Patrick McGinlay's Internet Tendency

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November 17, 2003

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A small but growing number of scientists and conservationists are complaining about the endangered reptiles indifference to their painstaking efforts to save them from extinction. Sea turtles have been around for more than 150 million years and hundreds of concerned individuals worldwide are exerting considerable efforts to reduce the threats they face and provide them with a brighter future. However, it seems that these popular animals are indifferent to the dedication.

"I often get the impression that they take all of this for granted", says Milo, a researcher at the University of Florida who runs a community development project in Costa Rica."No sooner have I cut them free from fishing nets they get caught in that they dive and swim away. Then I'm left to sort things out with the fisherman by myself".

These feelings are shared by Donna Sharkit, who has been placing satellite tags on green turtles since 1991.

"Our model took into account a parameter that has surprisingly not materialized: the turtle's cooperation to surface regularly in order to take regular satellite readings. For all we know, she could be having a ball deliberately trying to fool us by showing up at random locations. If you actually draw lines between each location record, you get the word 'sucker'".

Sharkit has since gone on to study animal behaviour with an emphasis on transferred vocabulary.

Volunteers on nesting beaches that assist hatchlings to reach the sea are delighted by the reptiles' enthusiastic efforts to scamper to the shoreline, only to be heartbroken when they disappear into the sea without even waving a flipper at them.

"We don't expect them to shake our hands or anything, but it would be nice once in a while to have them tug at our sandals or something," complains a disgruntled British student who is spending a month on the nesting beach of Baganas Bay in "Z". He claims to have been lured by promotional leaflets of sea turtles relaxing with volunteers at a local taverna, with lights turned low.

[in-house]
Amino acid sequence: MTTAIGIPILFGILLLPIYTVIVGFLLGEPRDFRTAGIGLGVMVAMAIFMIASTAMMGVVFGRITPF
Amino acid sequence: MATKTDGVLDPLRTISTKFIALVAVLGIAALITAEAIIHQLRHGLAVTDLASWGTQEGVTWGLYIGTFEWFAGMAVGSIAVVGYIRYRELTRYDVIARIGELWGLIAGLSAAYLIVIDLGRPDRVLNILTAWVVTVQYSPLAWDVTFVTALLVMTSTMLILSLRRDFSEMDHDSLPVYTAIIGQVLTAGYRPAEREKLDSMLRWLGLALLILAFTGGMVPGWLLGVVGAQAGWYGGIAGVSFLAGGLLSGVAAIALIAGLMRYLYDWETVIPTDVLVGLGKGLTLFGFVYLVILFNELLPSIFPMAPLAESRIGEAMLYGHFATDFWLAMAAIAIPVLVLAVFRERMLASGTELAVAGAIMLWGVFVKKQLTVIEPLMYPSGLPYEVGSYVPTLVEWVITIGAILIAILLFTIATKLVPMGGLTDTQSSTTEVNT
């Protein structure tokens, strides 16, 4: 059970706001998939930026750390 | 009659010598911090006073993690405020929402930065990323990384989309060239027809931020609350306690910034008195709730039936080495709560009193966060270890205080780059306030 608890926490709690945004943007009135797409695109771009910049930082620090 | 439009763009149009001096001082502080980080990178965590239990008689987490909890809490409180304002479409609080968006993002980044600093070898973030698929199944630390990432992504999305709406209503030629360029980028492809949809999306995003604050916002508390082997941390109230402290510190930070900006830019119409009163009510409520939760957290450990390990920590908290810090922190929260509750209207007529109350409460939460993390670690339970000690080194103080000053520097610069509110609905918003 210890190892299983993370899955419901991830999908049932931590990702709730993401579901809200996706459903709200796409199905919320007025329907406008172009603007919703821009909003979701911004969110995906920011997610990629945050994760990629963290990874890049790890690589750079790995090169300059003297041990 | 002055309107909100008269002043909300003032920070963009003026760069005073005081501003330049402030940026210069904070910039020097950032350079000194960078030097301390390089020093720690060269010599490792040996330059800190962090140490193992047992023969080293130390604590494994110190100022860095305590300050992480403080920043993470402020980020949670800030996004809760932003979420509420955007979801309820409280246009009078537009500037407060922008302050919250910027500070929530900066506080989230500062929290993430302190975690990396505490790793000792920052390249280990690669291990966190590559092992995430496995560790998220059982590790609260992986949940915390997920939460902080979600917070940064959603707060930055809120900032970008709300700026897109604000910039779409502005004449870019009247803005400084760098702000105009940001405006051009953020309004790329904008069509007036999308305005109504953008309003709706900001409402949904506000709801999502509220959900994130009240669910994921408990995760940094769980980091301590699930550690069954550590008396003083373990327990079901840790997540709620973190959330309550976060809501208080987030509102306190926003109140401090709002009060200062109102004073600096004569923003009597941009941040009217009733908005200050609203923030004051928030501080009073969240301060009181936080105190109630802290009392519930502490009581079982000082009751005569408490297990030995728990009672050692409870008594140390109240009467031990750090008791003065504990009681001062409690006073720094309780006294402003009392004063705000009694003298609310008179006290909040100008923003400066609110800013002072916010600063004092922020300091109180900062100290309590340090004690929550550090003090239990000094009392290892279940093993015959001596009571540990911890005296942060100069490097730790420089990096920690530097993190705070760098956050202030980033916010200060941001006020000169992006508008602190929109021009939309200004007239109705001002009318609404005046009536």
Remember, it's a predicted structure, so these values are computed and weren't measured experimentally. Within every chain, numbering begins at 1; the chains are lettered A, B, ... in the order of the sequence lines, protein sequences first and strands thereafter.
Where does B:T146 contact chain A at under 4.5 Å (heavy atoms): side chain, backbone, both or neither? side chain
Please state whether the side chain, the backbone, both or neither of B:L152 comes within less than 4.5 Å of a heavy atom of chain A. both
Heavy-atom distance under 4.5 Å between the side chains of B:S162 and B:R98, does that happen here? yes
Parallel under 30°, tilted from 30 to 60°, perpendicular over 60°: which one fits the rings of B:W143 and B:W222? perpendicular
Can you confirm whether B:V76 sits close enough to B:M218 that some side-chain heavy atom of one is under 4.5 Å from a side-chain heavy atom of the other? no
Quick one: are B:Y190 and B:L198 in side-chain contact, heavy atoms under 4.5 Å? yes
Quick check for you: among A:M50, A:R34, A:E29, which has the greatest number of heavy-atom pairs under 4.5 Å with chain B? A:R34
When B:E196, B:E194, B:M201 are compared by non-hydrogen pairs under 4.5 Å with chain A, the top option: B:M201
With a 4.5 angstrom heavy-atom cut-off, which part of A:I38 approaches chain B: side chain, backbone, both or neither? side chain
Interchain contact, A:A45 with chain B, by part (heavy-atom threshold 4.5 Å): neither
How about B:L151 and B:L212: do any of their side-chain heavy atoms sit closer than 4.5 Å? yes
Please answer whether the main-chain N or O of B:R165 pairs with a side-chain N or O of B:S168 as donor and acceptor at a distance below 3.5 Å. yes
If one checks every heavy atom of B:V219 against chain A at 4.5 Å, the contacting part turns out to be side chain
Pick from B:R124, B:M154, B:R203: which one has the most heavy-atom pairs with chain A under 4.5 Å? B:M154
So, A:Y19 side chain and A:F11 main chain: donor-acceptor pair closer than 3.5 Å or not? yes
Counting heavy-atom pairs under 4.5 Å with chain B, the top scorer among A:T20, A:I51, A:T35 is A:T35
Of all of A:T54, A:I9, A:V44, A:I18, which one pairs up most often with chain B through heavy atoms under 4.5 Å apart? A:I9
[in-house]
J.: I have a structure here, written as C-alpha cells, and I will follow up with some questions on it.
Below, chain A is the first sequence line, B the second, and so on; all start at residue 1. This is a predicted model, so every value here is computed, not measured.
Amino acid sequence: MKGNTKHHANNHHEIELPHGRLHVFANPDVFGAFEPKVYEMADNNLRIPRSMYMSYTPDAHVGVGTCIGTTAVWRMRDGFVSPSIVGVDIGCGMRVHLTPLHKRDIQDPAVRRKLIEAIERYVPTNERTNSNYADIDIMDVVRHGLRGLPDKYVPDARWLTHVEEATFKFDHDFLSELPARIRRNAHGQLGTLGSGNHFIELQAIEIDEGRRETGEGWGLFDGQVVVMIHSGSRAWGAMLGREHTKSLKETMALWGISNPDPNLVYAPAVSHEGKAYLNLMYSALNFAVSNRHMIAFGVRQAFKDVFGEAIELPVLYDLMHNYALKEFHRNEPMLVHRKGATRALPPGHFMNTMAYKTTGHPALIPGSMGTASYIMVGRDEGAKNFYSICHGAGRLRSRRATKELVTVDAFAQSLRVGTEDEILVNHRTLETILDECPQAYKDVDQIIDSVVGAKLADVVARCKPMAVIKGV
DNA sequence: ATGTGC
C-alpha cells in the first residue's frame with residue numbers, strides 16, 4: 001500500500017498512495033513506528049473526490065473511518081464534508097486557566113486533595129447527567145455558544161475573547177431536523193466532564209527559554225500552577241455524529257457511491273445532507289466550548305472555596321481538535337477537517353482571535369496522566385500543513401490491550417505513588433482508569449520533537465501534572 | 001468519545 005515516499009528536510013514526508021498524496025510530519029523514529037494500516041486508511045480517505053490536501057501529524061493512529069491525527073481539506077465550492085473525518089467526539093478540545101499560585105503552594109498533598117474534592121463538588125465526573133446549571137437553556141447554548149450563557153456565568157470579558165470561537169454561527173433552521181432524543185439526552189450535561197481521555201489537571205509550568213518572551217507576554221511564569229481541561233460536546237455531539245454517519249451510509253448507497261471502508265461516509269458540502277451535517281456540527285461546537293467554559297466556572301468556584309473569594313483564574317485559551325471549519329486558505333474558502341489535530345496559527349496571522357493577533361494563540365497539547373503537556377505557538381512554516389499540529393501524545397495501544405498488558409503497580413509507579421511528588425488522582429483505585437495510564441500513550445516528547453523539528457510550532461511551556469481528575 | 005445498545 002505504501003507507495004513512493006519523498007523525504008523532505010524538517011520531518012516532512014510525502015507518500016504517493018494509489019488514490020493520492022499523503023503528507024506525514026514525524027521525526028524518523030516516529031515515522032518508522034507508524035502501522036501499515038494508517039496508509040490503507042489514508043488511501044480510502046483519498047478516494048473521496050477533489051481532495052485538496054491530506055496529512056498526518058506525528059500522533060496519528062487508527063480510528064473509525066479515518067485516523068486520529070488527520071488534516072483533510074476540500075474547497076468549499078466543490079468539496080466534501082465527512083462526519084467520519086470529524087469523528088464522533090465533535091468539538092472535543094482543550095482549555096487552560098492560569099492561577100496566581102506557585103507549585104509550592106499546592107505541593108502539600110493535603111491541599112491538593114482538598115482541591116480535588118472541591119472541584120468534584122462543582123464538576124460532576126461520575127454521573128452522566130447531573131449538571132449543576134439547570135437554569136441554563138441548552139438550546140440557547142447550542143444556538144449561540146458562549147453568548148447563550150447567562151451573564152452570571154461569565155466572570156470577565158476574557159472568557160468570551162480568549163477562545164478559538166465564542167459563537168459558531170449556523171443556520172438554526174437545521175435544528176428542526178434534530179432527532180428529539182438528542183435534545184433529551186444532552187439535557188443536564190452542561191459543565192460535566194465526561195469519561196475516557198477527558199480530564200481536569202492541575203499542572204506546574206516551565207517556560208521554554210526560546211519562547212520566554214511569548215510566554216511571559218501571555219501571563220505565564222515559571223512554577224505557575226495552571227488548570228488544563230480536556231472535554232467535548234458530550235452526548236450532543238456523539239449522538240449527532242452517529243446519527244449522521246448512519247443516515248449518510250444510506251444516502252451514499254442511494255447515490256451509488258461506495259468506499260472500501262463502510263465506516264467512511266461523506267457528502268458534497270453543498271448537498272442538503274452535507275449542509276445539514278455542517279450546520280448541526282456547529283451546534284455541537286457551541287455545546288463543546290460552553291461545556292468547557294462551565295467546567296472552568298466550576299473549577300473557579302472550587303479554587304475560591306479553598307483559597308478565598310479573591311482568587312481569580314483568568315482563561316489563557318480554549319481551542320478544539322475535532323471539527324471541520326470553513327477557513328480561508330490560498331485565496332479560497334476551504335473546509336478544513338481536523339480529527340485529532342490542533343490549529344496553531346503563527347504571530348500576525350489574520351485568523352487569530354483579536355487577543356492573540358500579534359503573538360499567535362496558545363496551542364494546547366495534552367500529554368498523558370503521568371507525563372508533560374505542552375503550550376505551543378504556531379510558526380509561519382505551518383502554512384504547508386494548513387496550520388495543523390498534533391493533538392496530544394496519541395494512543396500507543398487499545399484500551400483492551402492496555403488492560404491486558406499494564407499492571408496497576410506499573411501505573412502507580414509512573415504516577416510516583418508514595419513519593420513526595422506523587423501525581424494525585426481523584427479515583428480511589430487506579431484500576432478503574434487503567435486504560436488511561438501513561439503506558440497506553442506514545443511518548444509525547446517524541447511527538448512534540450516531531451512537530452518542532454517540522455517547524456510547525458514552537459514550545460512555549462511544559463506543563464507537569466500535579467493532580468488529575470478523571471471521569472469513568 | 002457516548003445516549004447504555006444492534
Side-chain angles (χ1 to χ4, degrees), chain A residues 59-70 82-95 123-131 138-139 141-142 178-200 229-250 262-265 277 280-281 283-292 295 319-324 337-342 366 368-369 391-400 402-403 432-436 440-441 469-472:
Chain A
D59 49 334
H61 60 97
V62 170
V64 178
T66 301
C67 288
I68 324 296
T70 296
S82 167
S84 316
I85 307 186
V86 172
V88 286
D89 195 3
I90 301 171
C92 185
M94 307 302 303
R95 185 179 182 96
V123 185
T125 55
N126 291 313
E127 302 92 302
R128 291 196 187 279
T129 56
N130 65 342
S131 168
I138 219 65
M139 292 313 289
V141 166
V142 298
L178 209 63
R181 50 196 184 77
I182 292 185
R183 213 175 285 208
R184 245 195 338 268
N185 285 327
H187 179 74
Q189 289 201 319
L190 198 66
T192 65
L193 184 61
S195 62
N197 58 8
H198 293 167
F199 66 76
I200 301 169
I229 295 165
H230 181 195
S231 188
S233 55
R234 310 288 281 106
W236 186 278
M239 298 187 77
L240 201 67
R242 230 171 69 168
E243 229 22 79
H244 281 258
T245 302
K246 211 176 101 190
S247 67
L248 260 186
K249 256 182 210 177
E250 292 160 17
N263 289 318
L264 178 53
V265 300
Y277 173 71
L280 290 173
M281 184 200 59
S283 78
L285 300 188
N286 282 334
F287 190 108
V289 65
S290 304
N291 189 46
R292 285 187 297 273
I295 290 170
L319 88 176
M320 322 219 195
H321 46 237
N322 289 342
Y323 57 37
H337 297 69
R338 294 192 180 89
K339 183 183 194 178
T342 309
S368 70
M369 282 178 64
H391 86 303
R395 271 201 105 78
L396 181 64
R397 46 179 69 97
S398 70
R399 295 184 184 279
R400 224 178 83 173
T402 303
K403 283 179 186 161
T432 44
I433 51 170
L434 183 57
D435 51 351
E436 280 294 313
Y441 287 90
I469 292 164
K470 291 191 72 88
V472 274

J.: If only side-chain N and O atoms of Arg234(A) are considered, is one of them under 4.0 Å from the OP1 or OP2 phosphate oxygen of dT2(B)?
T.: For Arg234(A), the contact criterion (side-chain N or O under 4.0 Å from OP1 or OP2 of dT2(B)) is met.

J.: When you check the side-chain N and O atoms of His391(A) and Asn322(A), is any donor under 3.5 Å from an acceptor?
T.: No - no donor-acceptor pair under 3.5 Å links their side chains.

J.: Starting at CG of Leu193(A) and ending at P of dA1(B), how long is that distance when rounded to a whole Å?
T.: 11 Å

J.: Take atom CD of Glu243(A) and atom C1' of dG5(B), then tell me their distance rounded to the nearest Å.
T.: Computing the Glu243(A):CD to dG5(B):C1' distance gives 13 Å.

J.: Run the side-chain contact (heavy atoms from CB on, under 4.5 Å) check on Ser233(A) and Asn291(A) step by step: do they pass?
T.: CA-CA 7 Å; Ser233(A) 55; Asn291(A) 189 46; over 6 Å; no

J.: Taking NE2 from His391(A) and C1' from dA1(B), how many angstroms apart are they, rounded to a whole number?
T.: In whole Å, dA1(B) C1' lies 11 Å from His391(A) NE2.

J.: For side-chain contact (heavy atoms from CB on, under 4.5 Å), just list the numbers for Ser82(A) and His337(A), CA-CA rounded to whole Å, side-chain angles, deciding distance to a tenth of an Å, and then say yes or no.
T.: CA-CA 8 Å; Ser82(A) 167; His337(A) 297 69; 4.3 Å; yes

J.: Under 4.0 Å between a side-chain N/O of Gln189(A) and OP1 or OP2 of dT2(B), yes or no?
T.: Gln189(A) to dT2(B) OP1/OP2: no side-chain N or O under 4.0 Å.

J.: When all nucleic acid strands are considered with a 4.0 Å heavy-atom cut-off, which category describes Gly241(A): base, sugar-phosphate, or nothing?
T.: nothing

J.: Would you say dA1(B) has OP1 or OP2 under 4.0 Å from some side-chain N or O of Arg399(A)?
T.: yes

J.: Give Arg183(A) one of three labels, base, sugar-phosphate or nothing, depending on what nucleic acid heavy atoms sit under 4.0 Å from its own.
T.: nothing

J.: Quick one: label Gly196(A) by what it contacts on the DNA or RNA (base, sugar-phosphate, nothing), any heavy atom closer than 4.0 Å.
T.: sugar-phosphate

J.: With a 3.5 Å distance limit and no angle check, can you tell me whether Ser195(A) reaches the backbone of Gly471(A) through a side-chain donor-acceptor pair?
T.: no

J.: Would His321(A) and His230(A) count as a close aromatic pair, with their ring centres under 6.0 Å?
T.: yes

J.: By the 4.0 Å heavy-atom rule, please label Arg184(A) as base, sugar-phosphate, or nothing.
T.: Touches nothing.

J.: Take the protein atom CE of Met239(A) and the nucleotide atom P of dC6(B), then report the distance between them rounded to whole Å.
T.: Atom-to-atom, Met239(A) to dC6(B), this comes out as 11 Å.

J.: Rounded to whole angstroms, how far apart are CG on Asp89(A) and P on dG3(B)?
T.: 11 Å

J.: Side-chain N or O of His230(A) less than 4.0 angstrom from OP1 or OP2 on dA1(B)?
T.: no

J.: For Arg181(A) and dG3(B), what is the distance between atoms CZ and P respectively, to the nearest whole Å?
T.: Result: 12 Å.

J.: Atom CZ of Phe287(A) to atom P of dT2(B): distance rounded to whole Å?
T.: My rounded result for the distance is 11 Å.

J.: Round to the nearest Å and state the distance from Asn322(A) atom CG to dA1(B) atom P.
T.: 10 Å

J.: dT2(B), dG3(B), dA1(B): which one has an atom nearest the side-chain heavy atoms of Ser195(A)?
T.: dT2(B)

The concern, however, is far from unanimous. Professor Krupfer at the World Consortium for Sea Turtle Liberation waives the issue as the latest ploy by NGOs (Non-Governmental Associations) to muster public support.

"It's quite disgusting, the depths we have reached to raise the profile of sea turtles. What do NGOs expect next? A symposium by sea turtles to develop communication skills with humans?"

Others disagree, ascribing the event to a predictable trough in the evolution of sea turtle conservation.

"And anyway, what do we know? They're probably very grateful - they just haven't come up with a way to express it. Actually, I may have seen them smile," chips in a man with a large beard who has nothing to do with this interview.

Some conservationists are already moving on. Says Jane Ecko of ShellForce, "Obviously we have to face the fact that our communication strategy cannot be limited to the usual suspects: fishermen, tourist operators and resort owners. We have to include sea turtles as well". Ecko is developing a pioneering approach that involves positioning signs on nesting beaches pointing to the best nesting areas.

So far, however, the pilot project has met little access, with tourists interpreting the signs as recommended places to lay their towels.

"If sea turtles would express themselves more readily, all that Ecko would get is one angry stare," volunteers a conservationist who would rather remain unnamed.


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